External Link

Why is a summary of 50 years of research not valid? - Centrx 15:43, 26 April 2006 (UTC)

Ah, this is for me because I deleted the link while I was cleaning up a bit. I threw it out because it is more than 10 years old, and it's very POV, suggesting that all empirical evidence for minimum wages not increasing unemployment were based on three researchers. This is definitely not up to date, since there is a strong yearly report done by the UK Low Pay Commission after they re-invented their national minimum wage in 1999. Also, a lot of European economists did some further research on this issue, leading to the result that there is neither clear empirical evidence for exacerbated unemployment after rising minimum wages, nor for growing employment. You may, just to mention one example, also see
Reynis, Lee A., Myra Segal und Molly J. Bleecker (2005): Preliminary Analysis of the Impacts of the  
$8.50 Minimum Wage on Santa Fe Businesses, Workers and the Santa Fe Economy - Revised, 27. Dezember
All in all, the link provides a quite long list of articles related to the issue and it might therefore stay inside, but it is also out of date and POV and thus not really sophisticated, so it should probably stay outside. I wasn't really sure on this, but I gave the latter arguments more weight for some reason. What should we do now? Hardern 17:08, 26 April 2006 (UTC)

In other words, you support a link to a site that supports minimum wage, because it is your idea that minimum wage works (which it doesn't), but it is unacceptable for there to be a link to a Joint Economic Committee of the United States Congress because it proves that minimum wage does not help. Minimum wage does not help the economy because it causes prices for basic goods to rise, because of the increased cost of employment. Therefore, non-minimum wage earners must spend more on goods, which raises costs throughout the economy. Minimum wage earners are the ones that aren't really affected by the minimum wage. Minimum wage also stifles competition (it can stifle competition significantly or not very much), because it sets a standard that most businesses will keep close to for basic workers. Minimum wage (and especially minimum wage increases) hurt small businesses because small businesses do not have anywhere near the money that large businesses do, and therefore are hurt significantly by minimum wage hikes, whereas large companies are not. The simple fact is that while a minimum wage gives the workers who earn minimum wage the illusion that they are earning more money, the effect of minimum wage on the entire economy offsets the minimum wage, while competition and small businesses are hurt. —Preceding unsigned comment added by (talkcontribs) --Hardern 08:46, 27 April 2006 (UTC)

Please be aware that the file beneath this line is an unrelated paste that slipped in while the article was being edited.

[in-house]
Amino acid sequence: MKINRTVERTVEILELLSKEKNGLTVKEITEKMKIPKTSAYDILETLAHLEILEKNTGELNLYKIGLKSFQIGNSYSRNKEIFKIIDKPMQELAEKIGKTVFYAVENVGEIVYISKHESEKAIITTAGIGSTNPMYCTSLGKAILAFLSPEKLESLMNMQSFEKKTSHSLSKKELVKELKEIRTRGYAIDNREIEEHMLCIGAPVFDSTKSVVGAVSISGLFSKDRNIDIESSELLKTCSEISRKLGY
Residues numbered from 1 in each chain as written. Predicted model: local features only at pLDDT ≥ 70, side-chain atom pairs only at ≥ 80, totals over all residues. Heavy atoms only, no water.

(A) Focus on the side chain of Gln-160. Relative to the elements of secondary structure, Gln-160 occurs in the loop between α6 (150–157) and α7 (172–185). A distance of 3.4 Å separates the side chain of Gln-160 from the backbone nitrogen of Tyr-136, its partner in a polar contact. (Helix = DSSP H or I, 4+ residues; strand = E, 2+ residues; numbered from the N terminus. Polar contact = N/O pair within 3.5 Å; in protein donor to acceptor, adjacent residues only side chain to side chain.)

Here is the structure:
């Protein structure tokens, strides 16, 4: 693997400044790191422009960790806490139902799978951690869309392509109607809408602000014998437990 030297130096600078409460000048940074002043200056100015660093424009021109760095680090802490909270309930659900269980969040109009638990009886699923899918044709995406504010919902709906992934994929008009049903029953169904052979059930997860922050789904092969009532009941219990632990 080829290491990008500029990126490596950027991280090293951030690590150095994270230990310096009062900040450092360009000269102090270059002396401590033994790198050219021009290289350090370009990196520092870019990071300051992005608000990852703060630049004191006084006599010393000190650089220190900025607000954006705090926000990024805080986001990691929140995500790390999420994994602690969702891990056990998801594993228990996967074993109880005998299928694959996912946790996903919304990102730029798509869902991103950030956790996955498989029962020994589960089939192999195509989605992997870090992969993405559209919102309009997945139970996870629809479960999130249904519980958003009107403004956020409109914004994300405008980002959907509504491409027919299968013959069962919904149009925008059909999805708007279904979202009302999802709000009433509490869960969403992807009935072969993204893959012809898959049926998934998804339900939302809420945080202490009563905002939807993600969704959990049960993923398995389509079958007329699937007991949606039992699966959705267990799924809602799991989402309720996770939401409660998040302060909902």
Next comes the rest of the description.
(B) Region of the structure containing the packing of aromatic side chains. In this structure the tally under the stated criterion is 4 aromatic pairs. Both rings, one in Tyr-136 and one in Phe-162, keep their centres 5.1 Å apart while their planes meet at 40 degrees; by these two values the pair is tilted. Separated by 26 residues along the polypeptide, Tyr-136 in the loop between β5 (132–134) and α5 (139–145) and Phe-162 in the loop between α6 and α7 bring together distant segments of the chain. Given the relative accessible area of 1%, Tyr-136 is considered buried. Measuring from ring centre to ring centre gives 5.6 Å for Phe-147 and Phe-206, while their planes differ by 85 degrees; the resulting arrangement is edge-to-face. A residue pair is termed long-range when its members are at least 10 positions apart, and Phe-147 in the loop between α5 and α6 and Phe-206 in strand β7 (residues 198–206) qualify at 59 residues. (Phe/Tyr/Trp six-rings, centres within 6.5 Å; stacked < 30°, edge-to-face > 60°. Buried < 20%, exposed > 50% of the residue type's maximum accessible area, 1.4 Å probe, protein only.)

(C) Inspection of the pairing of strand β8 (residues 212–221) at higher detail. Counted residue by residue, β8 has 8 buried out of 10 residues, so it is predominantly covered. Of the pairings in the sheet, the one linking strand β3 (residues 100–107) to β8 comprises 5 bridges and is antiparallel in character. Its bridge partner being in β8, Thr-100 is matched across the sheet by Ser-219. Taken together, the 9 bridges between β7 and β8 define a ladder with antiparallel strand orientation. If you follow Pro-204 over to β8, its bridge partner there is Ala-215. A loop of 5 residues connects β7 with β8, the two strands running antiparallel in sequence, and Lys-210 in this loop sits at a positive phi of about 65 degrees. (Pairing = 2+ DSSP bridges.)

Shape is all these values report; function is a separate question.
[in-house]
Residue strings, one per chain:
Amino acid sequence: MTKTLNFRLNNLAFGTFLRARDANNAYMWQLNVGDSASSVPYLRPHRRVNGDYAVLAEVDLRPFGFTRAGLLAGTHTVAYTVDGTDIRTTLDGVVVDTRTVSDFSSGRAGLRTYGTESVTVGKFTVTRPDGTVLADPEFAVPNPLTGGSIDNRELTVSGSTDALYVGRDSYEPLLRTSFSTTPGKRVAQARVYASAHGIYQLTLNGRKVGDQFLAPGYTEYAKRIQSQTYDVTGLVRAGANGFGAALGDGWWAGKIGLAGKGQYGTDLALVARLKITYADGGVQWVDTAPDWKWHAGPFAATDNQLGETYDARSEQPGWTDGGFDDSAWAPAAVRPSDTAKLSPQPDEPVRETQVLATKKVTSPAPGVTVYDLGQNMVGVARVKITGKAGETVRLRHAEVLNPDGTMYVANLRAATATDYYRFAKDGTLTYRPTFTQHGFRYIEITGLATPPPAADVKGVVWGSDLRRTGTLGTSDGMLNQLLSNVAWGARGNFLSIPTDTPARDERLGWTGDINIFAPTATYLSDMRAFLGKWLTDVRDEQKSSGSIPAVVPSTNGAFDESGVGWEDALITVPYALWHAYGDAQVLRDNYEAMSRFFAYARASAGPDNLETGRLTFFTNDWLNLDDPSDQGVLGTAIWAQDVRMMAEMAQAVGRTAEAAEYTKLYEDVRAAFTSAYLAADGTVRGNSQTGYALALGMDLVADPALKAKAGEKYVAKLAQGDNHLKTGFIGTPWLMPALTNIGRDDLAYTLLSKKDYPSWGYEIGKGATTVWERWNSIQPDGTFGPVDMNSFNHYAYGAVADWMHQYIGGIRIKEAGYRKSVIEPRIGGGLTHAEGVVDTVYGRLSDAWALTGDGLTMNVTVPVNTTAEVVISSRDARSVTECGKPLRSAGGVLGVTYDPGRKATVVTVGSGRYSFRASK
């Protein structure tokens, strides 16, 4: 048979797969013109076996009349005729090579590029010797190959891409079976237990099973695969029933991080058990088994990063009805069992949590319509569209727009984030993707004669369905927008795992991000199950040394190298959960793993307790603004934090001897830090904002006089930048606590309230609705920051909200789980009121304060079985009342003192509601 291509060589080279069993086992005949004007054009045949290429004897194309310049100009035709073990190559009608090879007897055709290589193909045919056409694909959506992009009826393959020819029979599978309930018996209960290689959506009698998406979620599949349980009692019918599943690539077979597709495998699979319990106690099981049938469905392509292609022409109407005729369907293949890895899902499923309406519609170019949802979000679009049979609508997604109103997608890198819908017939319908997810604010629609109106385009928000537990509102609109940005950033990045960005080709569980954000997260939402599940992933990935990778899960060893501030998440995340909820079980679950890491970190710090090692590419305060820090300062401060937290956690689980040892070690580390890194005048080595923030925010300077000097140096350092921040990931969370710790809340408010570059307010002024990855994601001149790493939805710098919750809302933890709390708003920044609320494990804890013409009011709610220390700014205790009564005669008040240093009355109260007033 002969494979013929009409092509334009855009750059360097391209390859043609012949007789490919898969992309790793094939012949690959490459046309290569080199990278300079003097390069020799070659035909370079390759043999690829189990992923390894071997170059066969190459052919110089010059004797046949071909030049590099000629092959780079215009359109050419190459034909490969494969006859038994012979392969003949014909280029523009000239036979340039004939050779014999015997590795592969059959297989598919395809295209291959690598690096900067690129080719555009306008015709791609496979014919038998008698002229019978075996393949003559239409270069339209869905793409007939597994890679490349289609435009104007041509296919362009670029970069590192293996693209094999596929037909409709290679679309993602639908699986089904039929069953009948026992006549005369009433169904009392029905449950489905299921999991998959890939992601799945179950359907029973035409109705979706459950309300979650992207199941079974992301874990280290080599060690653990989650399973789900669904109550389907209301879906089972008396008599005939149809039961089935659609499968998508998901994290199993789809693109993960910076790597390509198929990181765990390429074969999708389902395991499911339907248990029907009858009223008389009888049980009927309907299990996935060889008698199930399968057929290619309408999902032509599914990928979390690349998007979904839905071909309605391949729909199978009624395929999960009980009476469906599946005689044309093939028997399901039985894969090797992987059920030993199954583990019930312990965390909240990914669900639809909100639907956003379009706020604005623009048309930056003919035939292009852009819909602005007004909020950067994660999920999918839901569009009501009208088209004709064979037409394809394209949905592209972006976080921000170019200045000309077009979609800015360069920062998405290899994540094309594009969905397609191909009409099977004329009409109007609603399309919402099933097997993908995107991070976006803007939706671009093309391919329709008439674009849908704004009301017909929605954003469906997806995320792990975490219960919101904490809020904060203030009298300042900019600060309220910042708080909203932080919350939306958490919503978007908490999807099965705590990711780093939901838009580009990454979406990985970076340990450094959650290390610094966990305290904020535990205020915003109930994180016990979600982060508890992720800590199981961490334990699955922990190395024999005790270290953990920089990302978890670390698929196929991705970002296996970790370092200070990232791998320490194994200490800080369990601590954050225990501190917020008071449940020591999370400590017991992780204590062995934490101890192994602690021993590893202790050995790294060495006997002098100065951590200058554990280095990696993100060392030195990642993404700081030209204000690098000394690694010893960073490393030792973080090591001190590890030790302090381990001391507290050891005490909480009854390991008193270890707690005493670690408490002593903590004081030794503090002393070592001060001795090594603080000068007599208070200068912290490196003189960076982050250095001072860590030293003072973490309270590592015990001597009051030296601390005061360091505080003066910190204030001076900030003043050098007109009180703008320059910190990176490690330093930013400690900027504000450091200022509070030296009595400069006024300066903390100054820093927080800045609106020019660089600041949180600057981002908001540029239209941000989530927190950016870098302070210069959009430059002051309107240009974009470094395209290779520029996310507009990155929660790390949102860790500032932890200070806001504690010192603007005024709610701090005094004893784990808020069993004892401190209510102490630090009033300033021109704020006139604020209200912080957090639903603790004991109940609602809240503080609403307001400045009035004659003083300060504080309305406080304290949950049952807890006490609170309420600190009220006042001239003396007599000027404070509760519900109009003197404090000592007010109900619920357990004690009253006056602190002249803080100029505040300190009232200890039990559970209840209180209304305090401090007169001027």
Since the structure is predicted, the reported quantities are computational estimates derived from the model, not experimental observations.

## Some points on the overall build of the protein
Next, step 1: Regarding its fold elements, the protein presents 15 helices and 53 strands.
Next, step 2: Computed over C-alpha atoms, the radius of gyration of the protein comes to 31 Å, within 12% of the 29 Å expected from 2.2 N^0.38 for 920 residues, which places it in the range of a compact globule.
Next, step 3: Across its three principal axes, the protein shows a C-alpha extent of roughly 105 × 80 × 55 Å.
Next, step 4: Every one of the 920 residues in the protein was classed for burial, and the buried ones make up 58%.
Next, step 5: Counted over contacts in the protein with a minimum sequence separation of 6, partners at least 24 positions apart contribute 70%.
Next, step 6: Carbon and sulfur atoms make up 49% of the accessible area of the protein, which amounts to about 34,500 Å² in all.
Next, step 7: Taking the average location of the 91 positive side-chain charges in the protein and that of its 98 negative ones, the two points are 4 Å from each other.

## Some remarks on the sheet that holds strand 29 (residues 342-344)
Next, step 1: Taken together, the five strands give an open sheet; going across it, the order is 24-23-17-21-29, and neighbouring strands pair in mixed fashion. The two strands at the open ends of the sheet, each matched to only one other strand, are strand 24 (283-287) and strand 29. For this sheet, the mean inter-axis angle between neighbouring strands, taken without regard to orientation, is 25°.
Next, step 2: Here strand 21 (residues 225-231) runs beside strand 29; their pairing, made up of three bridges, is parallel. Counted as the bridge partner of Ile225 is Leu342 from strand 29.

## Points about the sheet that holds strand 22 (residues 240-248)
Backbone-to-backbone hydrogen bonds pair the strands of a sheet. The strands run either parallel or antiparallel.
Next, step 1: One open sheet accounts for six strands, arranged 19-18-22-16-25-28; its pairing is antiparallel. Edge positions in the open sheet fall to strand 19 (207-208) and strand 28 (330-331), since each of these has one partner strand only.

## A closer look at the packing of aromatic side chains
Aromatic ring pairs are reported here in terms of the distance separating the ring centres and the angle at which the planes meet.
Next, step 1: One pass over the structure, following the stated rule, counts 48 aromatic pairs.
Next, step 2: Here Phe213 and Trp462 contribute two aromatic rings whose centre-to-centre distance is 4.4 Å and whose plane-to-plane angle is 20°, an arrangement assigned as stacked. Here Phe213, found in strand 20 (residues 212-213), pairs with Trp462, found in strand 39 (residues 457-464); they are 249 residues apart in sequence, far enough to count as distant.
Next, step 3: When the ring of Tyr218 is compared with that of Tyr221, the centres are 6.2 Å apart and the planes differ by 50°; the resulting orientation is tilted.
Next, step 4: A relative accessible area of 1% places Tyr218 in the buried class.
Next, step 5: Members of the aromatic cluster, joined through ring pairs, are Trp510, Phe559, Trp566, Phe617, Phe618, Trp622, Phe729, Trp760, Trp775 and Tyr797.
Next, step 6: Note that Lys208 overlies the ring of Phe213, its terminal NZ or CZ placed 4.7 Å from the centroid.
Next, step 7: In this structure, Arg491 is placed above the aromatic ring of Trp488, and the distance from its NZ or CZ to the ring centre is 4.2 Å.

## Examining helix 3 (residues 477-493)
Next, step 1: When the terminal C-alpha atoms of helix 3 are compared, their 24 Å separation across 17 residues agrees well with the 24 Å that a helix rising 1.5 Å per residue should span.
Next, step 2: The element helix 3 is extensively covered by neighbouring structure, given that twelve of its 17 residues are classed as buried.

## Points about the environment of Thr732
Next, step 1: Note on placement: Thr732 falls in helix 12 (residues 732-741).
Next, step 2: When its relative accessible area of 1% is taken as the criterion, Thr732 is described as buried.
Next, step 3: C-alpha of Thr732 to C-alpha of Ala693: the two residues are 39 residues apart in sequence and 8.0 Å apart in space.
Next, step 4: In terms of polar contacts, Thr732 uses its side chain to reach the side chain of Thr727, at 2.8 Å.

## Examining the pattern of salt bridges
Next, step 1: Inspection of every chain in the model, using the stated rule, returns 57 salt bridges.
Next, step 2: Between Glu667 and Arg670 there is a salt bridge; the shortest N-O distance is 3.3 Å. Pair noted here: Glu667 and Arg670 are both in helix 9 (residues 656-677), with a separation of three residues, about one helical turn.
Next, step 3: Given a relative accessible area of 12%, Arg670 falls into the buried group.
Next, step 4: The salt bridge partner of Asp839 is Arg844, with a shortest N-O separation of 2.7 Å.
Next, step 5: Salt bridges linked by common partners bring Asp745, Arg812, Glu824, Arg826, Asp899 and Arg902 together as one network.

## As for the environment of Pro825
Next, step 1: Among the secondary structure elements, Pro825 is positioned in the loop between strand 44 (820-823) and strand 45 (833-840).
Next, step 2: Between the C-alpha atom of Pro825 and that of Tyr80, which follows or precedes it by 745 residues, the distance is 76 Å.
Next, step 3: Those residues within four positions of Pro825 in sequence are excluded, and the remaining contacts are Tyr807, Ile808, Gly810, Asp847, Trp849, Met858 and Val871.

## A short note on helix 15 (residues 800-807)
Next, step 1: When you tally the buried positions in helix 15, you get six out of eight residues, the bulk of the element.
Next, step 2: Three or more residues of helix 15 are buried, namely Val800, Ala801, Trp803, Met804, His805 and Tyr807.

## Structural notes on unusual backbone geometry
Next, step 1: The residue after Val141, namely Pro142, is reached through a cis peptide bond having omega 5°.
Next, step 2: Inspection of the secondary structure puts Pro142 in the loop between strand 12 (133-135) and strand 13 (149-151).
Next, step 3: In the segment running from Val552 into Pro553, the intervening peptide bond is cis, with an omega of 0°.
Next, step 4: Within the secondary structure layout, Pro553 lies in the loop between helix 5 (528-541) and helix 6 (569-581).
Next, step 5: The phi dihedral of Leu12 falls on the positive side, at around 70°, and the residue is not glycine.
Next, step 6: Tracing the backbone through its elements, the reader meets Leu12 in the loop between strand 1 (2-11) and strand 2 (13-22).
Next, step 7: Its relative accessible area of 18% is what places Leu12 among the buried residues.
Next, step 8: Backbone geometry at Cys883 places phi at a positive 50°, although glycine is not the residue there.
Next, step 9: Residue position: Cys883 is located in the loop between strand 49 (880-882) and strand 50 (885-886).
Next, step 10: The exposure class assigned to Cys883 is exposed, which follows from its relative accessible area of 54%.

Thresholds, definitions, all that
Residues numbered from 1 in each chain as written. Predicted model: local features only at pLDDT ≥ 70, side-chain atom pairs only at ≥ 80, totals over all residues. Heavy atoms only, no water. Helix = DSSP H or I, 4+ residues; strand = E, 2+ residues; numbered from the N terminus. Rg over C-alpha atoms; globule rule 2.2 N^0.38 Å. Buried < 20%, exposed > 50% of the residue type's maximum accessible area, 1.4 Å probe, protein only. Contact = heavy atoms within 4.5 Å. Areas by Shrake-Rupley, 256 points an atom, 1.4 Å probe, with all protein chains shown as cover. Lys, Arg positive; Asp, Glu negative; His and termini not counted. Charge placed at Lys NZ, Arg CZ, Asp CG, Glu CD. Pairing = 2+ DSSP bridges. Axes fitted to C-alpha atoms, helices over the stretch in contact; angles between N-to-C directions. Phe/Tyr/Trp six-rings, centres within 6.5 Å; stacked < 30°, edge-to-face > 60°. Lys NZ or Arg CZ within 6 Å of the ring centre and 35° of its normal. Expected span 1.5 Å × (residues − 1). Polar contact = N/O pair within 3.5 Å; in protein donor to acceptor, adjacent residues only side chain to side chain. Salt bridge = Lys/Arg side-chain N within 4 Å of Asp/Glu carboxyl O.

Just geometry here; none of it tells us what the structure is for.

I really think it is a bit more complex than that, and I suggest you carefully read what the UK Low Pay Commission has to say about this - or what the empirical evidence shows in the source I posted above from the University of New Mexico, or what's happening in 18 of the 25 EU member states that have a minimum wage.
The Low Pay Commission, for example, stated that while small and medium businesses have been partly challenged by the rises of the national minimum wage in the UK in the past, they are dealing more than well with it now, and it's the big companies who will have to adapt in the future. Also, the economy consists of a lot more things than just the basic goods needed in everyday life, and giving the "working poor" a few dozen, let's say a few hundreds of Dollars or Euros or whatever more each month is definitely not screwing up the economy of developed countries like the US, like the UK, or like France or Germany. But, to stick to what we in person think is true about minimum wage, I think people earning minimum wages are better off with them than without, and that is because there is clearly no evidence for the rigid support of the thesis that minimum wages are causing unemployment - or exacerbating inflation, as you suggested.